This article was published on August 13th, 2019
WHEW. Vancouver Pride was one for the books. The city erupted in full on rainbow celebration as the LGBT community celebrated the 50th anniversary of the Stonewall Uprising and birth of the modern-day gay rights movement. Vancouver Pride delivered the fullest schedule of celebrations, events and festivities for the entire country to enjoy—including the Prime Minister!
The Picnic in the Park was, as it is always, a fun pre-pride event. Picnic in the Park is a picnic hosted by Vancouver Front Runners after the Pride Run and Walk. This is a family event hosted during the day at Second Beach. Friends were united and new ones made at this historical gathering.
Davie Village Promenade was a newly revamped event spanning the entire weekend of August 2- 4, 2019, that offered something new and exciting for the entire community. Produced by the Vancouver Pride Society, the three-day event was an evolution in entertainment in the area, with an un-gated part that was free for visitors to use and bask in the open-air public space.
A celebration. A protest. A party. A place to take up space. The Vancouver Pride Parade was all this and an opportunity to don the finest and shiniest rainbow gear. The highlight of Vancouver Pride Parade was the chance to reflect on the history of the gay rights movement with the over 100 entries of floats and thousands of participants. Love and respect were felt everywhere. Canadian Prime Minister Justin Trudeau again marched in the Pride parade.
The Sunset Beach Festival had a new layout, which saw larger crowds and people staying longer after the parade ended. The Sunset Beach Festival that followed at the end of the parade route had three stages, including the Stoli Vodka Stage, located in the 19+ zone, which was a large licensed area with a dance floor. All three played pop and dance music all day and were free to get into. Spectators loved being right on the water in the warm sun on such a beautiful pride day.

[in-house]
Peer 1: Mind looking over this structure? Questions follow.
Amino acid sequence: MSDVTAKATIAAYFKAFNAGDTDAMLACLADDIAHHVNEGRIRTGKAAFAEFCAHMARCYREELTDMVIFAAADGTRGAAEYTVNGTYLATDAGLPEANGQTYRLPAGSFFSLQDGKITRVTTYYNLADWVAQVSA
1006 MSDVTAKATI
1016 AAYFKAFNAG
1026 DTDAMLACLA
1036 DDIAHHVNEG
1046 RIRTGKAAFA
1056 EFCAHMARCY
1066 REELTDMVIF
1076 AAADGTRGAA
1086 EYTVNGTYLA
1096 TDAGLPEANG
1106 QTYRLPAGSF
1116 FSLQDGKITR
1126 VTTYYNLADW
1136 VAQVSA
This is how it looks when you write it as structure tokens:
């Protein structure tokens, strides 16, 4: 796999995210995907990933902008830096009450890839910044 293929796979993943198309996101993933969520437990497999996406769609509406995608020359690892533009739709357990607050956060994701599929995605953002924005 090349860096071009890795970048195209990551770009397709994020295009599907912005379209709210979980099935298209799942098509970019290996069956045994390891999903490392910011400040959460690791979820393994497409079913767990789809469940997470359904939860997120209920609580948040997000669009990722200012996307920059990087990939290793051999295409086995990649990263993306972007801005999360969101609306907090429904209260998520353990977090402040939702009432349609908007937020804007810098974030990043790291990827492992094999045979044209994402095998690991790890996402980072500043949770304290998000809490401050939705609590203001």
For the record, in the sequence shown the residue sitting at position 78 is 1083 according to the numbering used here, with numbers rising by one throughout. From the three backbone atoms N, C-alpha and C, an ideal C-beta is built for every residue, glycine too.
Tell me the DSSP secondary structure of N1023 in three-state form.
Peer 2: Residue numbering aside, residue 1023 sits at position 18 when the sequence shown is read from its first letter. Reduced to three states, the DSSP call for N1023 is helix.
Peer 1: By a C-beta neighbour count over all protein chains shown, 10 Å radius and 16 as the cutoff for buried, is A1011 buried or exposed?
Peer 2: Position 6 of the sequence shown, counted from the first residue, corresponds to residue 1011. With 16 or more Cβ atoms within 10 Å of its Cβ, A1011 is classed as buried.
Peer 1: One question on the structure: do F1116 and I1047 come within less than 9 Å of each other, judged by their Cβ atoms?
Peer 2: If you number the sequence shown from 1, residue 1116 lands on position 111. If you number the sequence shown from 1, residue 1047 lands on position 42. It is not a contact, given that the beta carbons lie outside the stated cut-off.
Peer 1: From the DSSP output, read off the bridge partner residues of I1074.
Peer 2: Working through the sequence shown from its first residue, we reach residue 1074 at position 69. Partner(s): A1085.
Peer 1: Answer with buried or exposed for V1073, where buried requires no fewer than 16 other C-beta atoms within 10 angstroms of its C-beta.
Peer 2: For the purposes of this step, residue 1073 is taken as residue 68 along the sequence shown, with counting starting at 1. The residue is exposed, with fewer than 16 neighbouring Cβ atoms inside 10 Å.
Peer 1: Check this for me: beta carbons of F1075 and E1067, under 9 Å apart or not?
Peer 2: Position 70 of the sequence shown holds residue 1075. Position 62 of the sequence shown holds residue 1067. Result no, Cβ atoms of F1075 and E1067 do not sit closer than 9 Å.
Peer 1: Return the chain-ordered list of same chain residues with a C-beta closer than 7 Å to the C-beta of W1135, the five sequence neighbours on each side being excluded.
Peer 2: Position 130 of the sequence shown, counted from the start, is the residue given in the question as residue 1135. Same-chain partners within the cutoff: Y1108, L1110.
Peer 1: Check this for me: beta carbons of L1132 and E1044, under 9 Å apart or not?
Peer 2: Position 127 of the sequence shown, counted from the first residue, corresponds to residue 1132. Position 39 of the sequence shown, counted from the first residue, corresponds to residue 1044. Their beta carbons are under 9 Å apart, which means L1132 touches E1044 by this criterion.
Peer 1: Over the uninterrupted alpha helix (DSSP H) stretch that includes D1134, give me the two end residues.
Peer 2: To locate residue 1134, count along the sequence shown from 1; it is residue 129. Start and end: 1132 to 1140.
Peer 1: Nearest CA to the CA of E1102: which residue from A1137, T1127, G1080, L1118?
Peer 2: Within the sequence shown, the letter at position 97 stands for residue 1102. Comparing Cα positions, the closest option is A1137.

Vancouver performers, artists, drag queens, DJ’s and LGBT advocates were highlighted throughout the events and could be seen out-and-about all weekend.
Sunset Beach talent included headliners Eureka O’Hara and Shuga Cain. Coal Davie and the Rockabillionaires, Fake Mustache, DJ Adia, Biawanna, Denique, Carlotta Gurl, and DJ Ingrid Hakanson, and Sister Festivus. Further DJs included: DJ Marty Funkhauser, Macsauve, Vancouver Pride 2019 Grand Marshall DJ O Show, queer artist DEVOURS, DJ Karsten Sollors, DJ ensemble group Sex Traffic Panda, featuring DJ Juicy Fruit, DJ Funky Bunny, and DJ Swirl and DJ Jontin.
Controversy hit the community when the Vancouver Pride Society bannedthe Vancouver Public Library and the University of British Columbia from marching inthe annual Pride parade because they accepted bookings and rented venue space toanti-LGBT speakers over the past year. Both organizations will be reviewing theirbooking policies and consider making adjustments.
Vancouver Pride Society also banned uniformed police officers, including theVancouver Police Department in the Vancouver Pride Parade; un-uniformed officerswere welcomed to march. This has been an ongoing discussion between theorganizations for the past few years. VPS’s belief that Pride is still an opportunity tofights for equality and LGBT rights, and that police injustice is still being foughttoday. Several cities across Canada have also banned uniformed police from participating.
Vancouver is a city that allows Pride to really take over the entire city for aweek. Events hosted by other event producers, at bars, and throughout the city were a welcomed addition to Vancouver Pride weekend, helping to provide spaces, atmospheres, and experiences to celebrate Pride. If you’ve never been to Vancouver Pride, mark it in your calendars for next year.
Learn more about Vancouver Pride: www.vancouverpride.ca